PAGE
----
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Shuttle Disaster

Parade, tragedy meant awkward shift for TV news

By ERIC DEGGANS, Times TV Critic

© St. Petersburg Times
published February 4, 2003


It wasn't long after realizing the fate of space shuttle Columbia Saturday that WFLA-Ch. 8 reporter Rod Challenger had another jarring thought.

How do I get this makeup off my face?

That's because Challenger had already filed a report at 9 a.m. Saturday from the Gasparilla Pirate Fest parade, showing off fake scars and claiming to have been "abducted" and "tortured" by the parade organizers, Ye Mystic Krewe of Gasparilla.

But by 9:30 a.m., the day's news coverage shifted from celebrating the parade to documenting the tragedy.

"I told (WFLA producers) "I've got my pirate face on.' I didn't think it would be right to do that sort of story in some sort of festive get-up," said Challenger, who fought traffic back to the station to take off his makeup and get back to the parade to document public reaction. "(People) were all eager to talk about it. . . . like therapy."

For area TV news outlets, the shift in coverage was complicated by a parade that drew about 550,000 people to downtown Tampa. WFLA and Bay News 9 pulled on-air staffers from parade floats -- concerned they might be needed for coverage and aware that the image of a smiling anchor waving to bead-wearing crowds wouldn't suit the tenor of the moment.

WFLA, which had planned to broadcast live from the parade at 2:30 p.m. Saturday, brought Bob Hite to its studios, where the anchor traded pirate togs for a sportscoat and tie as he delivered news breaks at the top of every hour. Live-to-videotape coverage of the parade, hosted by morning anchors Bill Ratliff and Gayle Guyardo, aired much later, at 1 a.m. and 1 p.m. Sunday.

"That was probably the strangest order I've ever had to give: "If we have anybody out there in pirate garb, get out of it now,' " said Forrest Carr, news director at WFLA.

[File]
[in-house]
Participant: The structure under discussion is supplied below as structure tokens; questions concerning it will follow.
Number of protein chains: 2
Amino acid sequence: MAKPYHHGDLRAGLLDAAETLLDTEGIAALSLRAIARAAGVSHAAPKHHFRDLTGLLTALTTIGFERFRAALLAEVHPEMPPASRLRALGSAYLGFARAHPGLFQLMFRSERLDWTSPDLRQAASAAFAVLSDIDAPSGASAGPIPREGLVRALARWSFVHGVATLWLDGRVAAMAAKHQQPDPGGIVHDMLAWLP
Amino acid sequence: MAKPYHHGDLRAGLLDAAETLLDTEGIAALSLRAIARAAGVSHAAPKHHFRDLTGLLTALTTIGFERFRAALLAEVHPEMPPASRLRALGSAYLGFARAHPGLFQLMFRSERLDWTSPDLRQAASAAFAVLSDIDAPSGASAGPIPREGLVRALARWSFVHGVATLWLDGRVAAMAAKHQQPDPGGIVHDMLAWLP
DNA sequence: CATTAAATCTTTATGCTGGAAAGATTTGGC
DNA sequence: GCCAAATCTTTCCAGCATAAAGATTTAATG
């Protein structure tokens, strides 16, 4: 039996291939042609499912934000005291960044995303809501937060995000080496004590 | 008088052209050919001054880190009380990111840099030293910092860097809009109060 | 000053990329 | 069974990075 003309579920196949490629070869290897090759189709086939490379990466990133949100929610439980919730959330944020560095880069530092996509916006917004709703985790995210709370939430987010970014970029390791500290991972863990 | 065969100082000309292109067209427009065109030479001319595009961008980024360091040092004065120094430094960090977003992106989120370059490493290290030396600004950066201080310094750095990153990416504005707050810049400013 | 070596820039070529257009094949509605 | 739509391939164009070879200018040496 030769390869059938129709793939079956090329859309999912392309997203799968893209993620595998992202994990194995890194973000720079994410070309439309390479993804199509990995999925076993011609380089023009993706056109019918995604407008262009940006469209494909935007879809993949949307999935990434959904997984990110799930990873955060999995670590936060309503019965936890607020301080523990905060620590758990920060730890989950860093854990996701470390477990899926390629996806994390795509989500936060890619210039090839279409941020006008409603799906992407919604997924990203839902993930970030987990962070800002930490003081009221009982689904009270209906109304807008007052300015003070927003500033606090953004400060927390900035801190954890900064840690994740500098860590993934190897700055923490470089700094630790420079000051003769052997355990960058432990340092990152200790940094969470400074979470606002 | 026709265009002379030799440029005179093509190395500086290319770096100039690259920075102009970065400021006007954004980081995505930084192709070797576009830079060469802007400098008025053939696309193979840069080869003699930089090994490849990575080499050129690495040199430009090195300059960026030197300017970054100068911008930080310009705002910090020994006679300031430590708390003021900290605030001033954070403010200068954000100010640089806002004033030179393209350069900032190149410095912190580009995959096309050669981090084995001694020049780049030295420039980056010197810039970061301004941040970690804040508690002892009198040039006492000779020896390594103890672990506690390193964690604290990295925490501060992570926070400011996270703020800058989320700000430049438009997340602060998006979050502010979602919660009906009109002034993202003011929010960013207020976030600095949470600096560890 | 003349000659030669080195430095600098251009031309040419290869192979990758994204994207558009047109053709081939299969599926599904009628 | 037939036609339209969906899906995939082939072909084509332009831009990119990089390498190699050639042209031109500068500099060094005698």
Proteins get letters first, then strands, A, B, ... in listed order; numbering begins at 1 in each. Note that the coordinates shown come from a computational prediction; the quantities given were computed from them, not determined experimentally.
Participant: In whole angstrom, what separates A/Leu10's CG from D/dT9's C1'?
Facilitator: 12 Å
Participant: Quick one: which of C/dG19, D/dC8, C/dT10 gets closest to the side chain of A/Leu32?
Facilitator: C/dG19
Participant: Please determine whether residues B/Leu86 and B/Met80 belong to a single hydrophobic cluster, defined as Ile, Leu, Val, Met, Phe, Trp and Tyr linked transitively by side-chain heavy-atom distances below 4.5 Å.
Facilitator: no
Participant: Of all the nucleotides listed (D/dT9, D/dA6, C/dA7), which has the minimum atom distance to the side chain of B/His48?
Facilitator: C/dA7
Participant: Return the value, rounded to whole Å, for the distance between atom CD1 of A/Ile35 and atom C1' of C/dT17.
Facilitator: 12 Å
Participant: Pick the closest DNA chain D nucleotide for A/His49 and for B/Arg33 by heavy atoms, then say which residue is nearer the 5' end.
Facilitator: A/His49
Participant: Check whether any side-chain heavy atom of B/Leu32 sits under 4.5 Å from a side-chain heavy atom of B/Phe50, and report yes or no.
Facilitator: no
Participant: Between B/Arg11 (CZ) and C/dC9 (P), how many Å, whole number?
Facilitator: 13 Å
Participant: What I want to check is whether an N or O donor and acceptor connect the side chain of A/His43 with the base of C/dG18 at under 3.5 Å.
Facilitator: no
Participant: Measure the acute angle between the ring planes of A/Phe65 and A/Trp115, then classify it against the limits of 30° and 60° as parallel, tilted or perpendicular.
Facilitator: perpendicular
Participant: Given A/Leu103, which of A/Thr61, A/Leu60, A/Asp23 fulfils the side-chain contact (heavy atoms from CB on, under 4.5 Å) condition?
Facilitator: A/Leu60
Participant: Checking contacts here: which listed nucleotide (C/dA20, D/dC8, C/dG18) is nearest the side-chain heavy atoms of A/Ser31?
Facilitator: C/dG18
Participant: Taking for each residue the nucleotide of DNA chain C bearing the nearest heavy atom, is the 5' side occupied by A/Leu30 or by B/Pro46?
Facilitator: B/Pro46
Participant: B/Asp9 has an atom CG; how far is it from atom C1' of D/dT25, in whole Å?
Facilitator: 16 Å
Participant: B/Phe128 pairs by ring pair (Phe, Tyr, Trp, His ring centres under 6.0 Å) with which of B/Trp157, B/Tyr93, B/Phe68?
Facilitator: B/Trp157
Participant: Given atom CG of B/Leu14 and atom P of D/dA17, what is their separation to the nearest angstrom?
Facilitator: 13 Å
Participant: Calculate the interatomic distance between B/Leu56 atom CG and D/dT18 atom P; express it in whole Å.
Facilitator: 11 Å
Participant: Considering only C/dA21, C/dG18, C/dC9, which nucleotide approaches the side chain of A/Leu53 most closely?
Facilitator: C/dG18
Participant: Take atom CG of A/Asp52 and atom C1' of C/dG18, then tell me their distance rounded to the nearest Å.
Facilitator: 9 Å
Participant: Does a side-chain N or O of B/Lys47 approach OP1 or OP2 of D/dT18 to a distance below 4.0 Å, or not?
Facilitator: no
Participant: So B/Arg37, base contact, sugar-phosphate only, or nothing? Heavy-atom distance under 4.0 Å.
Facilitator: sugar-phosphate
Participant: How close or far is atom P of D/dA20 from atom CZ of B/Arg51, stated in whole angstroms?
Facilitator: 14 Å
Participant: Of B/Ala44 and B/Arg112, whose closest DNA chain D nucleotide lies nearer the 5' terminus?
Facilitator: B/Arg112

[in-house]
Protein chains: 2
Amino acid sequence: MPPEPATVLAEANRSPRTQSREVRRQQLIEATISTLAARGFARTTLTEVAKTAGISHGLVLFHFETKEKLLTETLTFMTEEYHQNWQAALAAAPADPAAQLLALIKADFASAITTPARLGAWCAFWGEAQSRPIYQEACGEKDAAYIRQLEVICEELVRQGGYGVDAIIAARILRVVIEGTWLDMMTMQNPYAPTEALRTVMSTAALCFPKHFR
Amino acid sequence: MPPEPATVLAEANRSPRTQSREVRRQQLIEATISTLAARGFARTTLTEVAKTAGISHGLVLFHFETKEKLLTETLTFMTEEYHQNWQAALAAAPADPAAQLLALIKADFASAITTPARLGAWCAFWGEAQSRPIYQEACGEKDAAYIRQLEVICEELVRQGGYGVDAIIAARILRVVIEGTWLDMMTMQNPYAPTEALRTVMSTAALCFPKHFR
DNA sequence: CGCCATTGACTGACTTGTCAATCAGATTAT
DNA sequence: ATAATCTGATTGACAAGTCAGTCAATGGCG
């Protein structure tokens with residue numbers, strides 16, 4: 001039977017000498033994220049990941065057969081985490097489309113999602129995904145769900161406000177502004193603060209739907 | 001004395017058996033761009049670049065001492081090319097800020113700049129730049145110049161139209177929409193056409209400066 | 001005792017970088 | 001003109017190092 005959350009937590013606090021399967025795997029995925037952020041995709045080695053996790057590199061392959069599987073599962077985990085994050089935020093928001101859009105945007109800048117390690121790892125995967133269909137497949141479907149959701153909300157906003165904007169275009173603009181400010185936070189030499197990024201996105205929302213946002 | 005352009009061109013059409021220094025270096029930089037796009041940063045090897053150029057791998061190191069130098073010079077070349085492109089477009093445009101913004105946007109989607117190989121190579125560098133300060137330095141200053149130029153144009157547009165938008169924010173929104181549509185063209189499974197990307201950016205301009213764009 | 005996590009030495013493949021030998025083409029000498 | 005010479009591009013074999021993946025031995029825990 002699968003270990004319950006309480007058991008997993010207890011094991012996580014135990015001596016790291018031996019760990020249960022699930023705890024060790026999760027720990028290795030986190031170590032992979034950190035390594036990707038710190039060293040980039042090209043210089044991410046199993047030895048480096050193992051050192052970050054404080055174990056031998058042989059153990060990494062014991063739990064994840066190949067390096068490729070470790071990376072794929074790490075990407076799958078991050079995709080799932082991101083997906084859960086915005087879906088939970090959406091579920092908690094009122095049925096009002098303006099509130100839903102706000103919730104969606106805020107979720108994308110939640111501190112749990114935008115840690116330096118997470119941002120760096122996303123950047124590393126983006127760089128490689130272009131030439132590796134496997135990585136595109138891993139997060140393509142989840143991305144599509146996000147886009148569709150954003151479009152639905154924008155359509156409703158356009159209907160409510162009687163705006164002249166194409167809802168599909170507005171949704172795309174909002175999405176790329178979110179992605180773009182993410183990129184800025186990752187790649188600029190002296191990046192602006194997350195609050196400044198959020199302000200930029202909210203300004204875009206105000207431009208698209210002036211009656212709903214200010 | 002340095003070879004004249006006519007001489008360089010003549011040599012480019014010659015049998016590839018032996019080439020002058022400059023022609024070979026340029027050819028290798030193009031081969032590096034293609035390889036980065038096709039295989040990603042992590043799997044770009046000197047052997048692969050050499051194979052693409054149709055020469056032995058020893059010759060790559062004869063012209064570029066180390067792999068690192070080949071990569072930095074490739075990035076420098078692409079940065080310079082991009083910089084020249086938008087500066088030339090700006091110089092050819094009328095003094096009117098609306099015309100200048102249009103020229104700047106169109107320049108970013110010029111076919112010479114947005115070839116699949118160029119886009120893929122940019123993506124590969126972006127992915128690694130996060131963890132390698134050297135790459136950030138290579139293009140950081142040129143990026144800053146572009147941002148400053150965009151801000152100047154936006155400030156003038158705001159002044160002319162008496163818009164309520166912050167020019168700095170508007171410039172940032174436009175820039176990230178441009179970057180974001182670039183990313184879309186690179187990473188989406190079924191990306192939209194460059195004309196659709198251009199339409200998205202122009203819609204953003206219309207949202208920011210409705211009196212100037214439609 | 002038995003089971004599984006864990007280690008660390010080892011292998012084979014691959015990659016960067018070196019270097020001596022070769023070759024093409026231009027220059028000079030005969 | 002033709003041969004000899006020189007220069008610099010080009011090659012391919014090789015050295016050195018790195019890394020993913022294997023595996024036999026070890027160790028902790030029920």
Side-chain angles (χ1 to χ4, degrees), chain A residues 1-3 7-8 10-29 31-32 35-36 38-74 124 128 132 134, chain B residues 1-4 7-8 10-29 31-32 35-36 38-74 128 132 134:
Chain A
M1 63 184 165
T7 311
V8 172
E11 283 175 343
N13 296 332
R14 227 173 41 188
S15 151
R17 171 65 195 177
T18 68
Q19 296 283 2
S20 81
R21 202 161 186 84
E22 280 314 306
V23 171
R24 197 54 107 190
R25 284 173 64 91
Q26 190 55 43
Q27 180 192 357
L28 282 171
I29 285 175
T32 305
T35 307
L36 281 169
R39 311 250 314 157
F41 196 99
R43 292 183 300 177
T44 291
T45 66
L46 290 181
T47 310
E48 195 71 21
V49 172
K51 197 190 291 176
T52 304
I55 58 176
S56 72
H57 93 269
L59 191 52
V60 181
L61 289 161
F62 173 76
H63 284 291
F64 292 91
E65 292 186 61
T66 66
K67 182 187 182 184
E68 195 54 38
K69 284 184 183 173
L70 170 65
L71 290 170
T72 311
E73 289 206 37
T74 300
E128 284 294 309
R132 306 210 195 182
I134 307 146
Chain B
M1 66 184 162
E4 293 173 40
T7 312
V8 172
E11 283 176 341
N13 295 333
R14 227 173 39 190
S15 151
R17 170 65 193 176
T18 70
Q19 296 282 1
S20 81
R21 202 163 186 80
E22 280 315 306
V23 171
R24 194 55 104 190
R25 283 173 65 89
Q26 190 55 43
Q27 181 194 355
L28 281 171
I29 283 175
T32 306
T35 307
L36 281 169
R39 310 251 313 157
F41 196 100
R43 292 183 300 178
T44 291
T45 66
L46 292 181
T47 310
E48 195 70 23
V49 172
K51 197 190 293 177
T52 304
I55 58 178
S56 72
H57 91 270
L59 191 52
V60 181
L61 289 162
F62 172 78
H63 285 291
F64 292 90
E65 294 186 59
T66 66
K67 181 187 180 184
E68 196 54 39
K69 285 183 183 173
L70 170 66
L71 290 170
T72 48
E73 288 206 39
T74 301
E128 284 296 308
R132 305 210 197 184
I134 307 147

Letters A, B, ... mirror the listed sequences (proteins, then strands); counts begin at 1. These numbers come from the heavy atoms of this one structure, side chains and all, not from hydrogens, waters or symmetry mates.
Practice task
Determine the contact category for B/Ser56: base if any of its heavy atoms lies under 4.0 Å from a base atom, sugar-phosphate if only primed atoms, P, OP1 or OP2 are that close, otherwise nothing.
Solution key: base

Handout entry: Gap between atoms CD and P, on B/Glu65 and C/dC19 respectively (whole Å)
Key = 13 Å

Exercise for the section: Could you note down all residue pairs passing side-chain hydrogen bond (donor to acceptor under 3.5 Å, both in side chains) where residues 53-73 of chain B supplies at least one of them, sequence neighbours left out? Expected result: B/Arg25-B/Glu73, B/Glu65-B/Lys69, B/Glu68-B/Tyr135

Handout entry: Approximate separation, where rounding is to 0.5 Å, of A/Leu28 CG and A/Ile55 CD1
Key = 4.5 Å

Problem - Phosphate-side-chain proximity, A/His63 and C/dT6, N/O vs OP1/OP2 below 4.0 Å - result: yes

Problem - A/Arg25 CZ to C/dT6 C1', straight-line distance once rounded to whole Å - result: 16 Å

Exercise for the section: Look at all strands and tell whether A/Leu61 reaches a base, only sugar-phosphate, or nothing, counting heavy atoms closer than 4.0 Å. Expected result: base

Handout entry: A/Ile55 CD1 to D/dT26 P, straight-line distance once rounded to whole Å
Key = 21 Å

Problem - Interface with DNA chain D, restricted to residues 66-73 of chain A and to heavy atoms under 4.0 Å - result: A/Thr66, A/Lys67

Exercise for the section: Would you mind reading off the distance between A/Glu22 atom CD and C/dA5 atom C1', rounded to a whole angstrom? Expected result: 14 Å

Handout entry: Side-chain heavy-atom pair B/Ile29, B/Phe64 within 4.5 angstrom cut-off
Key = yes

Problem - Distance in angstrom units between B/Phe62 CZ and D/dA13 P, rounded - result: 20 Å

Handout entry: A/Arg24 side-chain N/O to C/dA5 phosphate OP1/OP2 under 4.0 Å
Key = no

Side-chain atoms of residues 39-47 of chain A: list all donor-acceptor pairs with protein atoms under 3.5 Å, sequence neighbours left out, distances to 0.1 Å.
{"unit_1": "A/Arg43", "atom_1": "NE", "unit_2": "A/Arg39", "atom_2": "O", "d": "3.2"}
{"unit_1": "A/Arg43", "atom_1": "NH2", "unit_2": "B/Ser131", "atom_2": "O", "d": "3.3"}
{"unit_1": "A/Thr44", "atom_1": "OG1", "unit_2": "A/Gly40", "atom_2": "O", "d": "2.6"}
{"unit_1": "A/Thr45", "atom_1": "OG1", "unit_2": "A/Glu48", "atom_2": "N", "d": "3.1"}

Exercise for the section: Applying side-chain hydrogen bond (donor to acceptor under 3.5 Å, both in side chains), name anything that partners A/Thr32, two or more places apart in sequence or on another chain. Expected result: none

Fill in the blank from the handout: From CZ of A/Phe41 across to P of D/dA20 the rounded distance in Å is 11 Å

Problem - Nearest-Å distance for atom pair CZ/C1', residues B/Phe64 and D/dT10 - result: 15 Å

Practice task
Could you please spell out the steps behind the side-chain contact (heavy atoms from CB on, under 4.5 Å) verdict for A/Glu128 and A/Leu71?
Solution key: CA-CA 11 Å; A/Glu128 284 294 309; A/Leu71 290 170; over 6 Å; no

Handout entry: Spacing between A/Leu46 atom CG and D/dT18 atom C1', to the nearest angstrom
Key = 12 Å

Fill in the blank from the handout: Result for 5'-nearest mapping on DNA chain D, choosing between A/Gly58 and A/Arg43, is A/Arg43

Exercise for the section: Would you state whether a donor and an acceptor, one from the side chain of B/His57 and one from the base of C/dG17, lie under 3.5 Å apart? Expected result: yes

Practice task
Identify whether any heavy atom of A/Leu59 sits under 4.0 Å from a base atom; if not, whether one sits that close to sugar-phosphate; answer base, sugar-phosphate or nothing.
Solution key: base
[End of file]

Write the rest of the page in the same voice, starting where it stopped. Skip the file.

"You've got (parade) coverage . . . and let's face it, it's showbiz," added Carr, noting that the station's programming department supervised the parade broadcast, not its news department. "All of a sudden, the same people you've got covering this thing have to turn around and (cover the tragedy). Nobody knew how to act."

At Bay News 9, general manager Elliott Wiser asked anchor Al Ruechel to leave the parade and come to the station, with the weather forecasters remaining behind. Wiser said the 24-hour cable channel was the first local outlet to report on the story, offering continuous coverage until 4 p.m. Saturday.

Wiser has decided to stop showing footage of the shuttle disintegrating upon re-entry, equating continual replay of the images to overusing footage of the World Trade Center's twin towers collapsing on Sept. 11, 2001.

"I was in a newsroom in 1986 when the (space shuttle) Challenger blew up. . . . Two days later, we were still showing the video, and I remember the calls (from complaining viewers)," Wiser said. "I don't think it's necessary anymore."

Bill Berra, news director at ABC affiliate WFTS-Ch. 28, disagreed, saying the footage "is already being projected around the world. It is news."

Local viewers might have thought the ABC/CNN merger came through early Saturday, as WFTS featured coverage from CNN with the network's logo superimposed. By 10:30 a.m., anchors Brendan McLaughlin and Martie Tucker were in the studio, offering coverage that lasted until after the president's 2 p.m. speech.

"In a lot of ways, this is a local story," Berra said. "We have retired military here, retired space center people living here. There's a lot more interest in this community than some others."

That's why CBS affiliate WTSP-Ch. 10 sent reporter Mike Deeson and a photojournalist to Houston to find locally relevant stories the networks may not be reporting (WTSP shares news and information with the St. Petersburg Times through a partnership). The station allowed morning show reporter Virginia Johnson to stay in the Gasparilla parade, sending three separate news crews to Florida's east coast. "We did talk about it, but like with every tragic event, life goes on," said Lane Michaelsen, news director at WTSP. "We decided it was best to (let) what was happening go on."

WTVT-Ch. 13 reporter Warren Elly put 20 years of experience covering NASA to work providing analysis for Fox News Channel through much of Saturday. WTVT stuck with simulcasting coverage from the cable channel until its 6 p.m. newscast Saturday, electing to keep Elly in town this week to monitor the story's progress from Tampa.

"In terms of information, the nexus of information is right here," said Phil Metlin, vice president of news for WTVT, noting the network owns three stations in Texas that can provide on-scene reports. "It's about reporting vs. showbiz."

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